Alas, while there are contemporary representations of both Algernon Sidney (1623-1683) and Edmund Ludlow (1617-1692), I yet have not come across a likeness of Henry Neville (1619-1694), nevermind an image showing all three of them at once. Therefore, not even a collage would have been an option.

Next I thought I might go for a map of Europe. I love maps of all kinds, especially early modern ones. But there were already too many other books with maps of Europe on their cover, and the book after all was not about Europe, but about people travelling it. I wanted something more lively, more dynamic which showed real human beings in action.

So I started looking for images of early modern travel, ideally showing travellers on horseback or travellers in cities. These images existed, but they often showed the wrong country, wrong city or wrong landscape. Somehow, the context was always wrong. The same was true for city maps, and they only ever showed once city at a time – Geneva, Rotterdam, Paris, Rome – when I wanted to show them all at once.

In the end, I struck on an image that fulfilled most of my criteria. It is a black-and-white image showing a coaching inn in seventeenth-century Augsburg. In front of the inn is a coach and horses, while several men on horseback are arriving from the left. Other men are nearby resting on a fence or barrier or probably just stretching their legs.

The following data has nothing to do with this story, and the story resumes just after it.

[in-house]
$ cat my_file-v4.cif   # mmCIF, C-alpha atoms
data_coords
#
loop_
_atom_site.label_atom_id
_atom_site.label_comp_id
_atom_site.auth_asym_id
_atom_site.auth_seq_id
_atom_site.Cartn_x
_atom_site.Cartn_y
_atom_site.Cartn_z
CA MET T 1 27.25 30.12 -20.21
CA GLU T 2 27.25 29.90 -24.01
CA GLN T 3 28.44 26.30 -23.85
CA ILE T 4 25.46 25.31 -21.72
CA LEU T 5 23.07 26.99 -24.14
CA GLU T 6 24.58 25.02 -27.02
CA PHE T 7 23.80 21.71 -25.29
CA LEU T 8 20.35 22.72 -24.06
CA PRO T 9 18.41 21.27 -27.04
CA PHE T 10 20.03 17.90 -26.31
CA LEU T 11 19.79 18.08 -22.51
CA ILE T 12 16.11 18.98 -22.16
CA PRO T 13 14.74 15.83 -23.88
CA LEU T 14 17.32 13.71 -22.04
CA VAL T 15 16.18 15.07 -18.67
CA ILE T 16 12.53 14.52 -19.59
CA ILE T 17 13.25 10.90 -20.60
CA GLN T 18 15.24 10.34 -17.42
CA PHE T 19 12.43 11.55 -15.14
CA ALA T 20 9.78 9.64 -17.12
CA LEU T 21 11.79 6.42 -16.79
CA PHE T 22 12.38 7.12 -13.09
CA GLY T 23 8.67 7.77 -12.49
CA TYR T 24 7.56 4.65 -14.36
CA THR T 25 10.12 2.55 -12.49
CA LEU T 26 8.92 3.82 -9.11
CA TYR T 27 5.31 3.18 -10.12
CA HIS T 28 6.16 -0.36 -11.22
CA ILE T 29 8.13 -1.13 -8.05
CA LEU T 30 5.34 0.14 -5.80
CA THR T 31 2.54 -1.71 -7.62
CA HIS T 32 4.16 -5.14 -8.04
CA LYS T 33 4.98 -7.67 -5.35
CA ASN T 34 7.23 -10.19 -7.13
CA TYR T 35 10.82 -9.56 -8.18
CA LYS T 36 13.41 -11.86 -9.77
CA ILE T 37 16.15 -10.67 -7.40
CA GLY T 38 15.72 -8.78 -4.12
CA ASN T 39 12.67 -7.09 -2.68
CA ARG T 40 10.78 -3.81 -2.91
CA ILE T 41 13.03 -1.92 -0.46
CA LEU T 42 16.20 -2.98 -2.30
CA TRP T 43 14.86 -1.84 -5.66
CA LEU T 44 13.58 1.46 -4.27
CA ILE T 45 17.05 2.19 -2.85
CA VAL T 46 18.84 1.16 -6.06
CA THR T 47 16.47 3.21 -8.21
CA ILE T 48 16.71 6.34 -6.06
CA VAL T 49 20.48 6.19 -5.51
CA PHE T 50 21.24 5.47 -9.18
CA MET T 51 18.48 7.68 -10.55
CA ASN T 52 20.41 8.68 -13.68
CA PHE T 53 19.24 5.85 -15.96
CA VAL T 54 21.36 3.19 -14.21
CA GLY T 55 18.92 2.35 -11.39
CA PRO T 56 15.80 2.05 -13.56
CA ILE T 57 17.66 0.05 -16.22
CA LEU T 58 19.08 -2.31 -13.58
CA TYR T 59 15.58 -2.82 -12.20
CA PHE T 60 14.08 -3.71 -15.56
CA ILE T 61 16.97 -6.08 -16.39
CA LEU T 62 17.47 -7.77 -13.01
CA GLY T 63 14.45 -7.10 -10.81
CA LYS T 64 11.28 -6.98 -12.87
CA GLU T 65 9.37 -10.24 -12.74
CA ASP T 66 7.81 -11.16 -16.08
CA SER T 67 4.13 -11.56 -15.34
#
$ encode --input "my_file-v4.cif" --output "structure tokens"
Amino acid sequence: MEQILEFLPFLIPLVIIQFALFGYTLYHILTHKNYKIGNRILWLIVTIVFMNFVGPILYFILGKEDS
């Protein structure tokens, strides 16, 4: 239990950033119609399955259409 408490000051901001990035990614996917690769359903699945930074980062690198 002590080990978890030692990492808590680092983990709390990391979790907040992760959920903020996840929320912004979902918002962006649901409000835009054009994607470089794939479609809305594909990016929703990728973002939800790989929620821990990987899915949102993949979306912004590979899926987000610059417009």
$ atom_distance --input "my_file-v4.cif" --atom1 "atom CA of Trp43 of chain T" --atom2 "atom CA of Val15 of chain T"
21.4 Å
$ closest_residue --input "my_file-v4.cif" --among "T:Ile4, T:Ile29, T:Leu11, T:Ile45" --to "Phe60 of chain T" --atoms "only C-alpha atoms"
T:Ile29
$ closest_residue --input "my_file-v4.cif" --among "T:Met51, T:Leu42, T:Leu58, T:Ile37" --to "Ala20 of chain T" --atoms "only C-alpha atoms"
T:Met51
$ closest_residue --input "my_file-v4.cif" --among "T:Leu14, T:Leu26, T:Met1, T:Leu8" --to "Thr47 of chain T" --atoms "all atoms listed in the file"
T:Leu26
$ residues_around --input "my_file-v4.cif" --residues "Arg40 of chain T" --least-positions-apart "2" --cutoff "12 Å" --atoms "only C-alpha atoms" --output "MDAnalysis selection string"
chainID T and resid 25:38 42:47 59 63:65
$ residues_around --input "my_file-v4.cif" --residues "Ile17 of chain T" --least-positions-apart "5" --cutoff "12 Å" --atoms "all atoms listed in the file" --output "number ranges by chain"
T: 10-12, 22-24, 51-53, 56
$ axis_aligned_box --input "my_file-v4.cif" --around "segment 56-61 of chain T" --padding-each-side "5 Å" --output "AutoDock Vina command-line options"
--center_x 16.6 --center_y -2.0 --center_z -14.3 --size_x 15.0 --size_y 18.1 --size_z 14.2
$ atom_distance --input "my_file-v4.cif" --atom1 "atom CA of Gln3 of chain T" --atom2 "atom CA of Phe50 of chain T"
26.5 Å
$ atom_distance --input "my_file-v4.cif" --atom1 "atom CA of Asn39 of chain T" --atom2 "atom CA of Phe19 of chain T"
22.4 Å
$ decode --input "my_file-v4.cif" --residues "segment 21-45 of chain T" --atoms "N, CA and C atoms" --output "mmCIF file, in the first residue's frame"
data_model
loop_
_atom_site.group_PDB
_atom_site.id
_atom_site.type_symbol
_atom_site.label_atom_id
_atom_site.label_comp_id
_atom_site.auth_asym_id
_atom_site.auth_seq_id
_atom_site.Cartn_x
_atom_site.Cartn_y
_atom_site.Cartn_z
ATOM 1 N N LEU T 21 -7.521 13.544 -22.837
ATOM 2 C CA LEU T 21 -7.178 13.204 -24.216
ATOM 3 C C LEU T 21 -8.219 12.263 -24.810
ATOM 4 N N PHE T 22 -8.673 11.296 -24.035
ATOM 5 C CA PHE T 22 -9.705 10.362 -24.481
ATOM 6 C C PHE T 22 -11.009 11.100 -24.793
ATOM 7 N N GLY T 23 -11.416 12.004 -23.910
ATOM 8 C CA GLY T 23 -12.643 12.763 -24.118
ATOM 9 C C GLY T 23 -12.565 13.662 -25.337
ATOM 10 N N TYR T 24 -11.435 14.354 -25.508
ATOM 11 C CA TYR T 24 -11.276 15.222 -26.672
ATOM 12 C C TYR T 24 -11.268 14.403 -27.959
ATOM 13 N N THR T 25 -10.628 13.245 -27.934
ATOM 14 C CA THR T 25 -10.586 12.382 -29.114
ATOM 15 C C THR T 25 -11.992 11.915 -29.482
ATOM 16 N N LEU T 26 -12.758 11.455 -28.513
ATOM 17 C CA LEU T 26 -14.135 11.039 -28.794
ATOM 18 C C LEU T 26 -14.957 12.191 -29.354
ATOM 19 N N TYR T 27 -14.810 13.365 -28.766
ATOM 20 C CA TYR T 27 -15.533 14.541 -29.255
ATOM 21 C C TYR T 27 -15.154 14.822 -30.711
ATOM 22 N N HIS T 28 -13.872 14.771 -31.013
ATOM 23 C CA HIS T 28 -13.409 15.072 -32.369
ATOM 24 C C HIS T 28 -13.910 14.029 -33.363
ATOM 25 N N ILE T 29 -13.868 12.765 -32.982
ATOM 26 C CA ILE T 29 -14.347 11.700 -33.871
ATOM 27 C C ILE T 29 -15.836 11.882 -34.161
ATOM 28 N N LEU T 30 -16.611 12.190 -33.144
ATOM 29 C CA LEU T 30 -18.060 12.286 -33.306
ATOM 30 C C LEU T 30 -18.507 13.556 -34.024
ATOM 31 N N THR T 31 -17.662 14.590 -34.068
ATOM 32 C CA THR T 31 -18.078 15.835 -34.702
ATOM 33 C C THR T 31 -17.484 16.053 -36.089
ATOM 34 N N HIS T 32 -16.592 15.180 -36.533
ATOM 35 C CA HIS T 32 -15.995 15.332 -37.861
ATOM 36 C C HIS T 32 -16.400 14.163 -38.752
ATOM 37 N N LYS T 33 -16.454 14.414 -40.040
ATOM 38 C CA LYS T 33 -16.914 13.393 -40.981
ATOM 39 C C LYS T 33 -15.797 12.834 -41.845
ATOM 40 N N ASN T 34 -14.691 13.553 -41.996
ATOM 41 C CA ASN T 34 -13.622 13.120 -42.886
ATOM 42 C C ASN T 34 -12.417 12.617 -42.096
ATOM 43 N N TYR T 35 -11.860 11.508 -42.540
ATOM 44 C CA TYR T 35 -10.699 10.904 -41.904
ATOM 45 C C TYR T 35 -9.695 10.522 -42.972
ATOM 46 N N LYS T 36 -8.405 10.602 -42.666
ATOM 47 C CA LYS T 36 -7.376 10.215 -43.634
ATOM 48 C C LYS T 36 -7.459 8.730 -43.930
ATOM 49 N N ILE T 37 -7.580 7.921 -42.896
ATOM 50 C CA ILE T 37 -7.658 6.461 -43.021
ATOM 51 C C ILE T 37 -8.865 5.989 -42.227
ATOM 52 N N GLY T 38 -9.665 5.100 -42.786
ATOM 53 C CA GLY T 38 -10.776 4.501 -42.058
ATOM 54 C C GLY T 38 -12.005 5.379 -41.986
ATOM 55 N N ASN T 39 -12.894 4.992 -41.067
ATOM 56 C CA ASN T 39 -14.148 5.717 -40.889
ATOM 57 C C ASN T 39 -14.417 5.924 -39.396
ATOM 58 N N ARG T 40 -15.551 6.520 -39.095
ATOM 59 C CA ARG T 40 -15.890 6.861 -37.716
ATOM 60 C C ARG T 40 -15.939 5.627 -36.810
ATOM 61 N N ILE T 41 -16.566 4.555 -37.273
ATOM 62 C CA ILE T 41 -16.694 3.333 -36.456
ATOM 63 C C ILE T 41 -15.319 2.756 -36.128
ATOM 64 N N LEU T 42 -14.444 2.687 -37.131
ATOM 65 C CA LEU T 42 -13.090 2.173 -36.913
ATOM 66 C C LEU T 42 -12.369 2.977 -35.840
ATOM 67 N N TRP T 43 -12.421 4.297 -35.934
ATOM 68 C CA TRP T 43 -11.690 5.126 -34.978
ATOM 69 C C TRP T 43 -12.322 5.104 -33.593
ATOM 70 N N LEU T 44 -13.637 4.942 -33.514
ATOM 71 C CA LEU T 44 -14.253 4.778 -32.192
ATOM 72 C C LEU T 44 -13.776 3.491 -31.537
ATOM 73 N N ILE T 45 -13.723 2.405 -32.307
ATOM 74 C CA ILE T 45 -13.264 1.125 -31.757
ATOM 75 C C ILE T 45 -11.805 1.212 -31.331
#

I like to imagine that one of the men in the image could have been Algernon Sidney stopping over on his way to Augsburg, where he stayed in 1664, presumably visiting the former lord chief justice Oliver St. John, who had withdrawn to the city following the Restoration. Maybe, just maybe, Sidney could have known that inn.

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How I got to The English Republican Exiles in Europe

Posted in Early Modern, History, Political Thought, Politics, Religion, Republicanism, Seventeenth Century by thehistorywoman on August 18, 2020

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The cover image shows a coaching inn in Augsburg.